The next chapter titled “What’s Holding You Back? Sati, Parvati and You” offers a comprehensive investigation into the issues which actually hold women back from asserting themselves. The story of Sati and Parvati, how both attained Lord Shiva as their husbands through different means, without compromising on their core values is deftly narrated, with inferences drawn duly. Every chapter proceeds thus: With an analysis of real life situations to possible strategies and solutions, to the mythological story and to the lessons learned section which ties the ends together and sums it up for the reader.

The three Cs as Narayanan calls them, of “Choose, Change, Create” are offered in the next chapter and repeated thereafter tweaked to other contexts. The tales of Savitri who engaged the Yamaraja in a verbal duel to wrench her husband’s life from the jaws of death, and that of Indrani who outsmarts a lecherous new Indra in the form of Nahusha are cases in point where the retellings make the characters come alive and offer better insights into their lives and actions. She also invokes “Ardhanarishwara: Being equal” and “Warrior Sita and the Thousand-headed Ravana” in the subsequent chapters, completing the list of illustrious female exemplars of victory and self-assertion by topping them with “Creating a New Shakti — You!” in the last chapter.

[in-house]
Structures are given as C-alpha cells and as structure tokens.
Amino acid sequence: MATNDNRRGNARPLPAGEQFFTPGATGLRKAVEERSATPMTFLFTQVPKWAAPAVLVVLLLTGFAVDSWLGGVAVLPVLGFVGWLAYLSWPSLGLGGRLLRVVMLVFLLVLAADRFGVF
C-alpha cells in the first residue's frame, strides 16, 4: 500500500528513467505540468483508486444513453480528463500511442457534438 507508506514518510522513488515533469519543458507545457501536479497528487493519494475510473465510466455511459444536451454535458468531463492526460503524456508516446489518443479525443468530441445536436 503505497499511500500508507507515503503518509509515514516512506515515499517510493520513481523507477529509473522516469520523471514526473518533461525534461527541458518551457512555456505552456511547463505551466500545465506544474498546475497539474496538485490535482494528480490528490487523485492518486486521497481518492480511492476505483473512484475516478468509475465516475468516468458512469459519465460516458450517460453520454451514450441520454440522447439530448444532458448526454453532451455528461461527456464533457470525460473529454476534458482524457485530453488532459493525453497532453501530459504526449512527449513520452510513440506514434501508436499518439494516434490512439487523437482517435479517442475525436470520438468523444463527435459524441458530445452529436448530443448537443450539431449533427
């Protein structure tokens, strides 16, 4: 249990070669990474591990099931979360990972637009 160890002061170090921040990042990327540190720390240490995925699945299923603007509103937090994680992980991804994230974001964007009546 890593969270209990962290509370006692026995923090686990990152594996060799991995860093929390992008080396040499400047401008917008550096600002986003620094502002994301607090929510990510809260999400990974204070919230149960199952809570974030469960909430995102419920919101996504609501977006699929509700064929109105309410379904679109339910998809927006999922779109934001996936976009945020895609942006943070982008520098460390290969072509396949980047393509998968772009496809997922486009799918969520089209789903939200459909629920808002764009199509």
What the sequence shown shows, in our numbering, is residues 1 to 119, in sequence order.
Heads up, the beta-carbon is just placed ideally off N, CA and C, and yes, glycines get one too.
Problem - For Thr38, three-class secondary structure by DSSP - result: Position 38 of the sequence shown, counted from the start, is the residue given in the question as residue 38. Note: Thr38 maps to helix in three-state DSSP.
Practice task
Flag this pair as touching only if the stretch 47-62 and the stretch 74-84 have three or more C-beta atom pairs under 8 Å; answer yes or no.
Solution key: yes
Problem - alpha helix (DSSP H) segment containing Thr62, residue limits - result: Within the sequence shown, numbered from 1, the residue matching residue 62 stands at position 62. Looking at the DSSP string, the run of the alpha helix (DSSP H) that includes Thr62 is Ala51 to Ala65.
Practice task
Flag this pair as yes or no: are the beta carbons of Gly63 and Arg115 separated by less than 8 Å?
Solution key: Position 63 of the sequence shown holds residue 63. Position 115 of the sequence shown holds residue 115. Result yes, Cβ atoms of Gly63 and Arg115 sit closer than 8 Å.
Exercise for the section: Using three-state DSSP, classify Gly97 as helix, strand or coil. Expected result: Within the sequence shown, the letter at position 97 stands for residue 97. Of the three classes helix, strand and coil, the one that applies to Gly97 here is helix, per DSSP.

Narayanan’s approach may not cut much ice with the women taken up with western models of empowerment or rebellious shades of feminism, or even those enticed by the “Angry Indian Goddesses” of Bollywood, but admittedly, her immensely practical solutions to carefully observed problems can be implemented beyond doubt by women to straighten up their daily lives and lead calmer, more successful lives in future. The insights and strategies offered would be equally useful for men who find themselves burdened with similar hurdles in life. Overall, the book is an exciting and interesting read, a must have for all women interested in fashioning themselves as glam, carefree new-era goddesses.

The reviewer teaches English Literature at a Delhi University college